Monday News: Because Freedom


ORANGE COUNTY CHURCH SETS UP BAIL FUND FOR THE POOR: People have been incarcerated before trial after being accused of littering, trespassing and stealing a a rotisserie chicken from a grocery store. Some have pleaded guilty without due process so they could go home and go about their lives, according to a new group Orange County Bail/Bond Justice. The group is the latest organization in the Triangle area trying to change that by establishing a rotating $50,000 bail fund. Olin T. Binkley Memorial Baptist Church in Chapel Hill launched the project in January 2019. The bail fund will post a maximum bail of $3,000 for those who cannot afford to pay it. When these people show up for their court dates, the money will be returned to the fund for other people to use. The fund will only cover Orange County residents charged with crimes in Orange County, and the nonprofit will consider previous failures to appear in court when deciding whether or not to fund a person’s bail.

JUDGES WILL BEGIN ASSESSING NEWLY REDRAWN CONGRESSIONAL MAP TODAY: North Carolina judges are deciding whether a U.S. House district map that Republican state legislators approved last month should be used in the 2020 elections or be redrawn yet again. A three-judge panel scheduled a court hearing for Monday to review what’s happened since October when it blocked the use of the 13 district boundaries approved in 2016 because they were likely unlawful partisan gerrymanders. The GOP-controlled General Assembly created a new map, which appears to threaten election prospects for two Republican incumbents. But Democratic and unaffiliated voters who challenged the 2016 map say it doesn’t fix problems of extreme partisan bias. North Carolina candidate filing begins Monday, but the judges ordered the state board not to accept congressional paperwork while maps are being examined.

MAYOR PETE TALKS ABOUT POVERTY IN VISIT TO REV. BARBER'S CHURCH: Poverty is a complicated issue, Buttigieg said, but paying people a living wage is the first place to start. He also voiced support for doubling the number of union members nationwide and for federal action to counter anti-union policies in North Carolina and other “Right to Work” states. “Sometimes it’s talked about like there’s some positive force, that the law of physics has pushed us to the (point where) we are now,” Buttigieg said. “Actually, it’s a consequence of specific policy choices ... and one of those policy choices is the minimum federal wage has been allowed to lapse.” Healthcare also should be provided to all people, he said. Barber noted the North Carolina legislature’s decision not to expand Medicaid under the Affordable Care Act, affecting hundreds of thousands of people. The failure to expand Medicaid “should not have happened,” Buttigieg said, “and for anybody to talk of morality when we are called to heal the sick ... is unconscionable.”

TRUMP LEGAL TEAM WILL NOT PARTICIPATE IN IMPEACHMENT PROCEEDINGS THIS WEEK: On Sunday evening, White House counsel Pat A. Cipollone told the House Judiciary Committee in a five-page letter that Trump would not participate in its first impeachment hearing, scheduled for Wednesday. The invitation from Chairman Jerrold Nadler “does not begin to provide the President with any semblance of a fair process,” Cipollone wrote. Four constitutional scholars — three chosen by Democrats, one by Republicans — are expected to testify on the standards for impeachment. Nadler (D-N.Y.) told Trump he had until 6 p.m. Sunday to notify the committee that he or his attorneys would attend; he has given Trump until Friday to decide whether to participate more broadly in the impeachment process. The Trump administration’s response suggests it will continue taking a defiant approach to the impeachment proceedings, betting that Republicans will stick together behind a noncooperation strategy meant to cast the inquiry as a partisan witch hunt. The move comes as Democrats on the House Intelligence Committee prepare to meet Tuesday to approve the release of their report detailing the panel’s findings on Trump’s dealings with Ukraine.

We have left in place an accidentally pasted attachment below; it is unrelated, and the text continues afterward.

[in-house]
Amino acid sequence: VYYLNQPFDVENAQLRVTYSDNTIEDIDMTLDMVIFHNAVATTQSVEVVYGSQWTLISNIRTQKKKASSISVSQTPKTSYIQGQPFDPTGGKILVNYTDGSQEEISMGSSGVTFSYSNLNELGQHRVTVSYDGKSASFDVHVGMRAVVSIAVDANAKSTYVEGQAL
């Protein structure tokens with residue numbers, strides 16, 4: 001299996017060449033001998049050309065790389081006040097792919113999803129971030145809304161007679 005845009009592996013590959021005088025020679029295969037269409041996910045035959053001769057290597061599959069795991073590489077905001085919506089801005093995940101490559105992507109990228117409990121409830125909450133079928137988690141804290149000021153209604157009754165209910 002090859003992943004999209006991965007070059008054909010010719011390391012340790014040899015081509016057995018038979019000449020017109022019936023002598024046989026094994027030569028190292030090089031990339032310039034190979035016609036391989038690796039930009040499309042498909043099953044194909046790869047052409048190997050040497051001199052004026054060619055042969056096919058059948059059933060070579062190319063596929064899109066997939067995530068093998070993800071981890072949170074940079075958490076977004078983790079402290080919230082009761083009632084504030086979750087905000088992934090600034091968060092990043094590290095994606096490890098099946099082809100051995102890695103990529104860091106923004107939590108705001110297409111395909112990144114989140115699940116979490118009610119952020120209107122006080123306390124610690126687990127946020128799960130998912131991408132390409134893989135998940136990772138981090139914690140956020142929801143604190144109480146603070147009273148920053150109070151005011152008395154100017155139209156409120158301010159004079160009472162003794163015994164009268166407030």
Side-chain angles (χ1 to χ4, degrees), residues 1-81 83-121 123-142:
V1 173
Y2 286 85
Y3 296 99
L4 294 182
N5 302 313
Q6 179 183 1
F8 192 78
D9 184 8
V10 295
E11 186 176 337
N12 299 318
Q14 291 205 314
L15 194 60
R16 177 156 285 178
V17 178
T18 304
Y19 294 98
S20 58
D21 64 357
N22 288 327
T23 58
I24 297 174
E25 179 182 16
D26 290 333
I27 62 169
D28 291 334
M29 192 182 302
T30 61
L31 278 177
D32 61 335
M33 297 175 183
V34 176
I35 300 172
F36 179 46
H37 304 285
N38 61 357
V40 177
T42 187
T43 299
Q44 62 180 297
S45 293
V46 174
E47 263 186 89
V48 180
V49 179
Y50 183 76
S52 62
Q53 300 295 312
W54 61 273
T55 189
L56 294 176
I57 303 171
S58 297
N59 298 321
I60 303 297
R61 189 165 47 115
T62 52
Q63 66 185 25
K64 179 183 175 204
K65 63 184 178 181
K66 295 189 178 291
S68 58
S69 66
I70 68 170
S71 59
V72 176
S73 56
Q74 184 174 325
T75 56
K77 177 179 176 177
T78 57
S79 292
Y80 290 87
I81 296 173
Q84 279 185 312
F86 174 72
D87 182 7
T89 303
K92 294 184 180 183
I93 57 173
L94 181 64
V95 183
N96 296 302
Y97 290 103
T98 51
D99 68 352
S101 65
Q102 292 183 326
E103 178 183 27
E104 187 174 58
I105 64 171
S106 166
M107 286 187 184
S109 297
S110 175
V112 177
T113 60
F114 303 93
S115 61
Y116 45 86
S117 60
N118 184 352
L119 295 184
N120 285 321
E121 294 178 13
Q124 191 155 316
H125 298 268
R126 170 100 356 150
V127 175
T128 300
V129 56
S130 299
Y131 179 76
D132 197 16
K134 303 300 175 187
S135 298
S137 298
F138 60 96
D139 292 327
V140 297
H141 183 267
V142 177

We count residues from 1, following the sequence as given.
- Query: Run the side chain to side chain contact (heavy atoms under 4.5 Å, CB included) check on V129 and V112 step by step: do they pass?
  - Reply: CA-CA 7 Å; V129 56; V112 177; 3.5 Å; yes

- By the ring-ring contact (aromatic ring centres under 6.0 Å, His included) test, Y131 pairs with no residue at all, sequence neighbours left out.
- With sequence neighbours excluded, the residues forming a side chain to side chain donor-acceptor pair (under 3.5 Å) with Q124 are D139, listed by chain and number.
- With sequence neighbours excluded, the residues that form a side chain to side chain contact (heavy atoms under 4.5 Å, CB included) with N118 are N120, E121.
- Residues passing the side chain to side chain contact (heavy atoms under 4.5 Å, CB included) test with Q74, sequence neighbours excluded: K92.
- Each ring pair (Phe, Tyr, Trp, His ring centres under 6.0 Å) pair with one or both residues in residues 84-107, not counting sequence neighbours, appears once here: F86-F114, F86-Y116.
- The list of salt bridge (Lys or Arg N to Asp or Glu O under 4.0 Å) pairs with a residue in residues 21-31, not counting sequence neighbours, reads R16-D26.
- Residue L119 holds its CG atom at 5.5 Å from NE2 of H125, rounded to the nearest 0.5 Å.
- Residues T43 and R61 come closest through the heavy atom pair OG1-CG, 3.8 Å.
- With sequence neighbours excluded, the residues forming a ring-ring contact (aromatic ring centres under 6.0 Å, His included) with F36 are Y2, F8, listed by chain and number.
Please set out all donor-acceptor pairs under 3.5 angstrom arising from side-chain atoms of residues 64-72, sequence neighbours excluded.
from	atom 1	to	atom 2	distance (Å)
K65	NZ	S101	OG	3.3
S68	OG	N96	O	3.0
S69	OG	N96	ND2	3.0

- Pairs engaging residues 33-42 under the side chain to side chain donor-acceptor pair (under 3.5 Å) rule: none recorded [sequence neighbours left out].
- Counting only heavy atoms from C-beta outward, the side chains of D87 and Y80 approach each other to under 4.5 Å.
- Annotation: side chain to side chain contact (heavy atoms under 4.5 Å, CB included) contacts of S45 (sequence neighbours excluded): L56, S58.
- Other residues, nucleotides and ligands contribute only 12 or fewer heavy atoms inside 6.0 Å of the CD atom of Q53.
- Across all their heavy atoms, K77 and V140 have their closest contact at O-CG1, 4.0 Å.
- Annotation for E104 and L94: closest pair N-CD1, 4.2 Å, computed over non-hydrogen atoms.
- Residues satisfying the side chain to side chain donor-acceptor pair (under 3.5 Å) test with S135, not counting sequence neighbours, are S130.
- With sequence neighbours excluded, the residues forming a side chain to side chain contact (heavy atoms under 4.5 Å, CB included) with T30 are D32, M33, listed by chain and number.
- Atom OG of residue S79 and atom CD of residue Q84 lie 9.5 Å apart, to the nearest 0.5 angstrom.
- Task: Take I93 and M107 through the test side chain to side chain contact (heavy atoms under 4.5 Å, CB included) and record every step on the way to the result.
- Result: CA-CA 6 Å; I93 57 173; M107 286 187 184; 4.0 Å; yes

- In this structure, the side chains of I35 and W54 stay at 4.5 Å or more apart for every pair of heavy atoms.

IRANIAN PROTESTS RESULT IN BRUTAL CRACKDOWN, AT LEAST 180 DEAD: Iran is experiencing its deadliest political unrest since the Islamic Revolution 40 years ago, with at least 180 people killed — and possibly hundreds more — as angry protests have been smothered in a government crackdown of unbridled force. It began two weeks ago with an abrupt increase of at least 50 percent in gasoline prices. Within 72 hours, outraged demonstrators in cities large and small were calling for an end to the Islamic Republic’s government and the downfall of its leaders. In many places, security forces responded by opening fire on unarmed protesters, largely unemployed or low-income young men between the ages of 19 and 26, according to witness accounts and videos. In the southwest city of Mahshahr alone, witnesses and medical personnel said, Islamic Revolutionary Guards Corps members surrounded, shot and killed 40 to 100 demonstrators — mostly unarmed young men — in a marsh where they had sought refuge. Altogether, from 180 to 450 people, and possibly more, were killed in four days of intense violence after the gasoline price increase was announced on Nov. 15, with at least 2,000 wounded and 7,000 detained, according to international rights organizations, opposition groups and local journalists.